Dish Soap and Your Dyshidrotic Eczema

natural household products

Is Your Dish Soap Dissing You and Your Dyshidrotic Eczema?
A Likely Hidden Cause to Hand Rash

Dyshidrotic eczema… that pesky, itchy, water-filled, blistery rash that keeps you up at night. My friend who is a very wise Dermatological P.A. (physician assistant) not only nailed the diagnoses when my G.P. (general practitioner) failed to but added that mainly women suffer from the rash, especially on their ring fingers; and that it seemingly flares up during times of stress.

     Although I’m sure all of that is spot on, truly, does it not seem weird that this particular skin rash can be so gender-specific? Observing more carefully, I began to ponder what possibly could be the culprit. Times of stress… Do you mean like holidays or basic regular survival with a family? My guess is, although it is the 2020’s and there are exceptions to be considered, much of the cooking and hand-washing is left still to the women of the family.

     What further validates this suspicion is that many women swear by using a lotion barrier to helping them conquer dyshidrotic eczema. That makes an environmental cause, rather than an internal/hormone root, high on the suspect list.

     Although there are many chemicals in liquid dishwashing soap that are cause for concern both healthwise and environmentally speaking, one that seems to make an appearance frequently, even in many so-called “natural” dish soaps, is a chemical by the name of methylisothiazolinone. Methylisothiazolinone is both a known biocide and cytotoxin. Let’s break that down a little further. A biocide in dish soap acts as an antimicrobial/preservative. That possibly sounds reasonable. A cytotoxin is something toxic to cells. Now, this isn’t looking so great.

Possible effects of methylisothiazolinone (MI) on skin:

  • allergy: allergic contact dermatitis, dyshidrotic eczema (1) (2) (3)
  • itchiness
  • crusting
  • ulceration
  • blistering
  • burning
  • redness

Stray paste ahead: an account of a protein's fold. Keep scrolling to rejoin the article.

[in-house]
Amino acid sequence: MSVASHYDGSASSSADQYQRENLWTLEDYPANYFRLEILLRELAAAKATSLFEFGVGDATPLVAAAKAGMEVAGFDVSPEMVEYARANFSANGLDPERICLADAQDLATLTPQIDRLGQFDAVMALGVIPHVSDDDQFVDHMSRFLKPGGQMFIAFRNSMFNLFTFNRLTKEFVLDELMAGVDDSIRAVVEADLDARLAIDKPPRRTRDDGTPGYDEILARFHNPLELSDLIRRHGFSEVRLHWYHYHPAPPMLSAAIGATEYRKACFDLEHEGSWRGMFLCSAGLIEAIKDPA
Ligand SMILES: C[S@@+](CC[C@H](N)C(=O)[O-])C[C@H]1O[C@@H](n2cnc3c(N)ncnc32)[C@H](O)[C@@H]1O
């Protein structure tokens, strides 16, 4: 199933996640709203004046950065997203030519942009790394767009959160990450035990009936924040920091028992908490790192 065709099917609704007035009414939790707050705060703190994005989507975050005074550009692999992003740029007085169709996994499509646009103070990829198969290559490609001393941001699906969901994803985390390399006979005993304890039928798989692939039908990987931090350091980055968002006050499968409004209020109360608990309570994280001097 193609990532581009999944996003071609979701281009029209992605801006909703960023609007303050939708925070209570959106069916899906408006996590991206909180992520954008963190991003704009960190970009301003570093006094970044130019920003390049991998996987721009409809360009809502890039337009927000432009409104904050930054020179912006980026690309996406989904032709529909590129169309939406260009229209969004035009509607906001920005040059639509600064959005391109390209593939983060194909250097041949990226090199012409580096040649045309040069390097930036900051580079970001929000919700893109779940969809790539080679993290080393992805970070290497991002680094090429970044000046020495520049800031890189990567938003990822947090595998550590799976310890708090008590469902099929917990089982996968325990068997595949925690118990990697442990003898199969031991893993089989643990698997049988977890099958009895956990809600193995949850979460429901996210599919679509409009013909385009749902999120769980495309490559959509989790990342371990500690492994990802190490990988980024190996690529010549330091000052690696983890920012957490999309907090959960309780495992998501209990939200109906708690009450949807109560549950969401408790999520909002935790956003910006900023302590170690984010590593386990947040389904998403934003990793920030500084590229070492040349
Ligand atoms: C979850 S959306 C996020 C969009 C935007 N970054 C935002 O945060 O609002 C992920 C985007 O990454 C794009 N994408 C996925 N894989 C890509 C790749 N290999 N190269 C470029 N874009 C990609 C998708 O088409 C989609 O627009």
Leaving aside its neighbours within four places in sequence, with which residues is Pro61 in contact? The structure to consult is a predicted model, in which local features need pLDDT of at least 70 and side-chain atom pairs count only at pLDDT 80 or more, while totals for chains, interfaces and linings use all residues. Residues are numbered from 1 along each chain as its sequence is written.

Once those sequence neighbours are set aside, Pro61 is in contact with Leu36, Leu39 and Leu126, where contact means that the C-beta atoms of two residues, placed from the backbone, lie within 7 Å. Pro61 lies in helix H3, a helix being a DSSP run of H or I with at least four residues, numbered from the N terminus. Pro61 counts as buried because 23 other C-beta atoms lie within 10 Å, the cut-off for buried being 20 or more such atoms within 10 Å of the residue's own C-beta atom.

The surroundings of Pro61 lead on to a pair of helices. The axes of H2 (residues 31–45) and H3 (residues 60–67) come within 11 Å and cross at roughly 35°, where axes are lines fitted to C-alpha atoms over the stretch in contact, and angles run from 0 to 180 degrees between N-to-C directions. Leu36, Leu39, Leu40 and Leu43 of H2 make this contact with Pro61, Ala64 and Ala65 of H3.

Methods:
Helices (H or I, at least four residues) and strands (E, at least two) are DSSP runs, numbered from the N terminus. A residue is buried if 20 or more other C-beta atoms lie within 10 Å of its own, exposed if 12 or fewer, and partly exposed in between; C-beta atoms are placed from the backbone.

Though methylisothiazolinone (MI) is present in most dish soaps, it is also found in shampoo, cosmetics, and, sadly, even baby wipes. (1) And most disturbing, that lotion you are slathering on to help prevent dyshidrotic eczema- it may also be furthering your suffering.           

With other countries such as the European Union banning the use of MI in consumer products and others restricting it, we in the US can at least vote with our dollars. When your “dirty” dish soap runs out, make sure you support the companies that are not on the naughty list. And until then, use some gloves to keep your hands safe any time you are around the soapy waters. If your dyshidrotic eczema improves while eliminating MI products, then you have found your culprit or, at very least a contributor to your disenchanting dyshidrotic eczema.

*As an Amazon Associate, I earn from qualifying purchases.

Methylisothiazolinone free dish soaps include:

Biokleen Hand Moisturizing Dish Liquid


Earth Friendly ECOS Ultra Dishmate Liquid, Free & Clear

Ecover Dish Soap Liquid Zero- 6 pack

*Legal Disclaimer: Above mentioned products did not list methylisothiazolinone in the ingredient list at the time of publishing this article. Please do your own research and confirm true/updated ingredients, per company’s label, following any product safety procedures, warnings, and instructions.

References:

  1. Schlitche, J., Katta, R. Methylisothiazolinone: An Emergent Allergen in Common Pediatric Skin Care Products. Dermatol Res Pract. 2014; 2014: 132564. Published online 2014 Aug 27. doi: 10.1155/2014/132564
  2. Rios Scherrer, M.A., Rocha, V.B., Ceolho Andrade, A. R. Contact dermatitis to methylisothiazolinone. An Bras Dermatol. 2015 Nov-Dec; 90(6): 912–914.doi: 10.1590/abd1806-4841.20153992
  3. Khanna, S., Reeder, Margo. Vesicular Hand Dermatitis in a Child: Allergy to Methylisothiazolinone. 2016 Sep-Oct; 33(5): e272-e273. doi:
https://doi.org/10.1111/pde.12884

What’s your favorite MI free dish soap? Please post in the comment section below.

Kathryn van Zwieten is a Natural Health & Life Coach, Researcher, Lecturer, Author, Creative Chef, and Executive Director of Healing Harvest, L.L.C. Known as a visionary and entrepreneur, Kathryn fuses her high creativity and passion to bring the education of natural and restorative healing to many.  She inspires others to live a healthy lifestyle, by having learned from her own miraculous healings and those of her children, as she shares the latest scientific truths and giftedly guides others to fill in missing gaps in their own health journey. Helping others achieve their ‘highest human potential’ is her mission. Her favorite question is, “What is humanly possible?”- because she is ready to trail blaze to find out. 

Kathryn’s most passionate areas of interest include human brain development beginning in the womb, biological pathway communication (cellular and relational), mitochondrial restoration, the gut/brain axis connection,
epigenetics/nutrigenomics, genetic SNPs, consciousness and quantum physics.   

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